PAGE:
However, I agree with the previous posters that Munich does not have these kind of rough neighbourhoods (hence "Toytown"). Hasenberg and Neuperlach aren't ghettos, really.

 

One more part of town which should be on the list of somewhat disagreeable neighbourhoods is Pasing. It has facilities, transport, shopping but I found it somewhat boring and lacking in entertainment options. Also, it is a long stretch to go by bike along an ugly street (Landsbergerstrasse) if you want to go to the city center.

 

With migration background,

 

LSL

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I would live in Neuperlach before Hasenburgl. I think. Even if it is on the other side of the river.

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One more part of town which should be on the list of somewhat disagreeable neighbourhoods is Pasing. It has facilities, transport, shopping but I found it somewhat boring and lacking in entertainment options. Also, it is a long stretch to go by bike along an ugly street (Landsbergerstrasse) if you want to go to the city center.

I think it all depends on what you're looking for. I live in Pasing and think it's great. The bit around Landsbergerstr. is ugly, but once you leave that behind it's a very pleasant, green area where you can cycle straight into the countryside. It is quiet, but that's a plus for me, and there's an S-Bahn every three minutes that will bring me to Marienplatz in less than 15 mins - if you've ever lived in somewhere like London, that's nothing.

 

And we have excellent cycle routes into the city Centre - if a little circuitous.

 

But then I wouldn't want to live beyond Pasing - nice places, but a 20 min S-Bahn wait.

 

Yours, the Pasing Anti-Defamation League, waving clipboards furiously

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Schwanthalerhöhe. ...

So, why did you think it should be avoided, Isar?

 

I've already stated my reasons for it being a good area in post #30 (I forgot to mention a growing restaurant and café scene).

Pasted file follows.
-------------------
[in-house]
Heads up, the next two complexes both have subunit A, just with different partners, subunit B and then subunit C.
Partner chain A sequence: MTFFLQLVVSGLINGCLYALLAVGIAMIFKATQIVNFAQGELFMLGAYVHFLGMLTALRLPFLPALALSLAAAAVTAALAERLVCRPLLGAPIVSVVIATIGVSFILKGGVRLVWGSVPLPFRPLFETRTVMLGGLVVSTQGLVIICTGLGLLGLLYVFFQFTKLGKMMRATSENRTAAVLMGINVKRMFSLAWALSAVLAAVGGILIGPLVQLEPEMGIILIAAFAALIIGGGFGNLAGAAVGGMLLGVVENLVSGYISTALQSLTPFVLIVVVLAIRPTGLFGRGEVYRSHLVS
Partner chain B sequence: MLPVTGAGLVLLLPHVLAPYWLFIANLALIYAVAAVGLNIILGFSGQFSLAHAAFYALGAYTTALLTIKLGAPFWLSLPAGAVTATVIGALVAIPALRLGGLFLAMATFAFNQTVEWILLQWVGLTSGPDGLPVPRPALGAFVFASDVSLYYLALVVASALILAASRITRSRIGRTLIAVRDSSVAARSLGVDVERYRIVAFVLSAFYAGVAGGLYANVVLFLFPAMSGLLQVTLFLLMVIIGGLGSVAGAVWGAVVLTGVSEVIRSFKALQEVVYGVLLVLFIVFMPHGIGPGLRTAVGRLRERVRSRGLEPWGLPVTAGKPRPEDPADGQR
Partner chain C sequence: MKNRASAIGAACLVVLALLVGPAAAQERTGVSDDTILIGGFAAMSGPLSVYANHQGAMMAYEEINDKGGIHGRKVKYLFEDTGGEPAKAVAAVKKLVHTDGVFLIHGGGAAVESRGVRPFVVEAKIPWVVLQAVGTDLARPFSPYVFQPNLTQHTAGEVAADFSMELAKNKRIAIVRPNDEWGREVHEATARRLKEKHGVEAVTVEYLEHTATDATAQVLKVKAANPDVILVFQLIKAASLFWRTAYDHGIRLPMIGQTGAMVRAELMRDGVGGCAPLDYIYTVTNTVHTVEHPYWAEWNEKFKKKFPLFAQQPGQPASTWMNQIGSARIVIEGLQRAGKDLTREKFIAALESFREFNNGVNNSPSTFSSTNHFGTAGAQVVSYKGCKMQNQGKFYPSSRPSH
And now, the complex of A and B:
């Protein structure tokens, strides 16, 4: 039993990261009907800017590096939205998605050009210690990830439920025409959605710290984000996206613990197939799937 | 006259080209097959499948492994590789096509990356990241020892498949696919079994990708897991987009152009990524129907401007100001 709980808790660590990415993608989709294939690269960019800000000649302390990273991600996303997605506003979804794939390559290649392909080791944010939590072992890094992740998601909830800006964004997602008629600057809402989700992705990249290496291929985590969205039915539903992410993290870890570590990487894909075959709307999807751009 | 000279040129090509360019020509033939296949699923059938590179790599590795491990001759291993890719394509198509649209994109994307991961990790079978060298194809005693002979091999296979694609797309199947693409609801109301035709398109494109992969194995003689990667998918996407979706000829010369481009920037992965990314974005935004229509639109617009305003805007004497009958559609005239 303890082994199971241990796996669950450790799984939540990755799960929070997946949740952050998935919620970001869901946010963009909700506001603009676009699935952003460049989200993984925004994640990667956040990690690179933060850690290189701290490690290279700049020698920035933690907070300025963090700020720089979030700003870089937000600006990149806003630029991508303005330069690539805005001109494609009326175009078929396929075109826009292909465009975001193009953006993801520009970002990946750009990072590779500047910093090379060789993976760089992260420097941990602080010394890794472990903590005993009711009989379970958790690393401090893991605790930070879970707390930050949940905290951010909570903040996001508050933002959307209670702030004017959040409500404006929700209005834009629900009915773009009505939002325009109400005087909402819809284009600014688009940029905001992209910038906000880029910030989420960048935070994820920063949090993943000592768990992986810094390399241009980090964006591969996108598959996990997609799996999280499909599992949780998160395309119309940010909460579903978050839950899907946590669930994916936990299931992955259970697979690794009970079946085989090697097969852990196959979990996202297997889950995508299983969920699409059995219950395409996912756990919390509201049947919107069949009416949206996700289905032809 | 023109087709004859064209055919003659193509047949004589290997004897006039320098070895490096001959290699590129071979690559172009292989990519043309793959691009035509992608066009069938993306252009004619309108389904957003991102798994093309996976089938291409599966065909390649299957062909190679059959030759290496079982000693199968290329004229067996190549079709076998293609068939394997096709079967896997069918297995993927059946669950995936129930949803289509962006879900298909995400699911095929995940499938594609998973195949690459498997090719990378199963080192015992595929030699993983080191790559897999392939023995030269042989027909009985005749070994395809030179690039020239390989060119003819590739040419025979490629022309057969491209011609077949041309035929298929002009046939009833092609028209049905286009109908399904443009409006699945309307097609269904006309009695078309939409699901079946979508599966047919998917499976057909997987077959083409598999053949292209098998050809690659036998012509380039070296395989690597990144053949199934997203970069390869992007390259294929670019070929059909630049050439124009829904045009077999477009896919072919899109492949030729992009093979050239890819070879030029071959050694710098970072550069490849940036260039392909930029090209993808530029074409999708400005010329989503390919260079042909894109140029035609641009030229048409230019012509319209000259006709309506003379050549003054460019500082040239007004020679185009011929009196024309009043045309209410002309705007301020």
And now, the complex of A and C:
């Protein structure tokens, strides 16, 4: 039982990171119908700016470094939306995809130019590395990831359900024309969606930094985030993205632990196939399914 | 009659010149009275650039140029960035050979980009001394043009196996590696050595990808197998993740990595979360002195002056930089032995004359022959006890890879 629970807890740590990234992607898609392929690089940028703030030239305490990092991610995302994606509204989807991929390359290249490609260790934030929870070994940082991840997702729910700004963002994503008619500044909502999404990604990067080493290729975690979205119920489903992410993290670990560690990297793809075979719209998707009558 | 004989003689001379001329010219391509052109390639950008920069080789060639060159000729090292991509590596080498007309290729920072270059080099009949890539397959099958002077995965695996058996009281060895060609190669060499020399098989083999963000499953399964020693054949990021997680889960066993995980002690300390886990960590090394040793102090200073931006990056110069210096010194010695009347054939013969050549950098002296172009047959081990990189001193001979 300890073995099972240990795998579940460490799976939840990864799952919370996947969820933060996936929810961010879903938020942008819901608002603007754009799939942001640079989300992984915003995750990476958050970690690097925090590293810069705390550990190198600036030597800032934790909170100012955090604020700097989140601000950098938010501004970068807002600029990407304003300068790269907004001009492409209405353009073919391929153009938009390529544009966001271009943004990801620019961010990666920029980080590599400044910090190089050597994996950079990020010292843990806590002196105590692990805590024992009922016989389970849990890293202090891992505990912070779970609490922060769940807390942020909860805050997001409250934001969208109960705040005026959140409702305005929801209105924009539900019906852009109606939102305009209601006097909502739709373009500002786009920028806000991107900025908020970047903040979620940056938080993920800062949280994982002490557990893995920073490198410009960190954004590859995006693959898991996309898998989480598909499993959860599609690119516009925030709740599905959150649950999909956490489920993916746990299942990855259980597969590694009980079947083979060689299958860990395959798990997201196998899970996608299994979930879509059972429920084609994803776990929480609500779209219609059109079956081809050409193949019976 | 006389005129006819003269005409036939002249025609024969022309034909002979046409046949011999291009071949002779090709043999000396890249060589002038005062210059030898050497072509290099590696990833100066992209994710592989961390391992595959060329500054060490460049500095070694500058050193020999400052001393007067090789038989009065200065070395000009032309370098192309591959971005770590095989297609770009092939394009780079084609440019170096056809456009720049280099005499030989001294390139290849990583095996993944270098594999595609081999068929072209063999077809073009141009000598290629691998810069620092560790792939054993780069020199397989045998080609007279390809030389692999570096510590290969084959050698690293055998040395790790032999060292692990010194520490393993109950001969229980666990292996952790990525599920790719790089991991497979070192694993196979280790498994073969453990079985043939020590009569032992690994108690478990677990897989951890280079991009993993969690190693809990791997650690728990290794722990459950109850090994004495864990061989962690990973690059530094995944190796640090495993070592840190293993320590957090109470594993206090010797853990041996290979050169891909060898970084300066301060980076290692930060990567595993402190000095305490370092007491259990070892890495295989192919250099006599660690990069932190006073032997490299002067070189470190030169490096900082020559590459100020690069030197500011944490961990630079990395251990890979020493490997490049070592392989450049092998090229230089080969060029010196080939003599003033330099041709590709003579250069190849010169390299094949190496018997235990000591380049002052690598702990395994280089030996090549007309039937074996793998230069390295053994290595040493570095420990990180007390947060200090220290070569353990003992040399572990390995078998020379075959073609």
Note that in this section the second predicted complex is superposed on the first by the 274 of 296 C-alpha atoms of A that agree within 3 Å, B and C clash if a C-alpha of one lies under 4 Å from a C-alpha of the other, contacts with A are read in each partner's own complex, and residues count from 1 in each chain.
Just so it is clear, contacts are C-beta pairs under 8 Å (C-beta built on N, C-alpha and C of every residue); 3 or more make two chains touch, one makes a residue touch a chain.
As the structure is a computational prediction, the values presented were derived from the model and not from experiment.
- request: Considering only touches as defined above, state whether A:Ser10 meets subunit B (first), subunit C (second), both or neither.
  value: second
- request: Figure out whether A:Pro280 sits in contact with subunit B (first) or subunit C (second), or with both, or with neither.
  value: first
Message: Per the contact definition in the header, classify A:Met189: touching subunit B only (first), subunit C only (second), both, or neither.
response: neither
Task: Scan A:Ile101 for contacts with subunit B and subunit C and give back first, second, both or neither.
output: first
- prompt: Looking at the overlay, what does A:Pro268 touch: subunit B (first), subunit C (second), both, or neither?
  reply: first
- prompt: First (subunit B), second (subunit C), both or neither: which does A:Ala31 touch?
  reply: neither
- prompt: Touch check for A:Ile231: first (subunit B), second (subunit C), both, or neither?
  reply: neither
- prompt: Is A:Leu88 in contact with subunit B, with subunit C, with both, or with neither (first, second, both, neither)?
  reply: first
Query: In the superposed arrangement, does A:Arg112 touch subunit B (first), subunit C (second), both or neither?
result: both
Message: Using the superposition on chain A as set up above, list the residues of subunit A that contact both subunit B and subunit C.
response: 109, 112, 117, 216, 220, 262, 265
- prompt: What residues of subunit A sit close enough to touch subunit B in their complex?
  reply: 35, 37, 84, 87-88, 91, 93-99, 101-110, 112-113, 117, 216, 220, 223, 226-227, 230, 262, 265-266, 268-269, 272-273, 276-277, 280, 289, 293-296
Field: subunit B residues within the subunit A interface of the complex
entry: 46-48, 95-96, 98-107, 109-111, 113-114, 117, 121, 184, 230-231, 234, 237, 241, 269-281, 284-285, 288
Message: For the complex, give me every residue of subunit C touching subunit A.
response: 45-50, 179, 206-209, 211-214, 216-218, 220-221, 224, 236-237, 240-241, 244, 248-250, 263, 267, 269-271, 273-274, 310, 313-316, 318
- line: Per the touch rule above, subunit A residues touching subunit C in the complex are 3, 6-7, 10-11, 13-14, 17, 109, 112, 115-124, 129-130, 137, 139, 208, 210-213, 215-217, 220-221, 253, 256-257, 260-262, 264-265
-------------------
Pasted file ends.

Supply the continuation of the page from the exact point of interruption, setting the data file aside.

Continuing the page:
Also I've had interesting bike experiences since moving to Munich. While living in Schwabing, my biked got stolen from inside my courtyard where it was chained to the metal fencing (they broke through the metal to take it). While living opposite the Outland in Haidhausen, I left my bike chained overnight to a lamppost and it got vandalized (before anyone asks, no I didn't have a kiwi-sticker on it :P ). Schwanthalerhöhe: I have regularly left it chained to a pole overnight and thing has ever happened to it. Not enough to make a statistic, but it made an impression on me :) .

 

Anyway, I'm not looking for a flatmate, so I don't mind if you don't want to move here.

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Regarding public transport, Obermenzing and Untermenzing suffer from a distinct lack of U-Bahn; same goes for Denning(-East) and Englschakling.

i take it you've never been to either area :rolleyes: . Englschalking is served by the S-bahn which takes less than 20 mins to the hauptbahnhof. Denning west is served by Arabellapark U-bahn (11 mins to Hauptbahnhof) and Denning east by Daglfing S-bahn (16 mins to Hauptbahnhof). Plus, you also have excellent connections to the airport on the same line. Hardly bad connections, if you ask me.

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So you agree that both areas suffer from a distinct lack of U-Bahn. Having cycled to work in that area for two years I most definitely have been there. If you do a search for S-Bahn disruption you will get loads of reading material, hence my emphasis on U-Bahn.

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no, i don't agree at all that they suffer. The S8, being the airport line, suffers the least disruptions from the TEMPORARY construction works due to the second stammstrecke. And, if, on the odd occasion it is effected you can hop on a bus from Denning to Arabellpark or Richard Strauss Strasse.

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Obermenzing and Untermenzing have been treated in a very cavalier fashion regarding U-Bahn services; same goes for Denning(-East) and Englschakling.

Better?

 

Suffering can be relative, I agree. Men don't suffer from premature ejaculation, women do.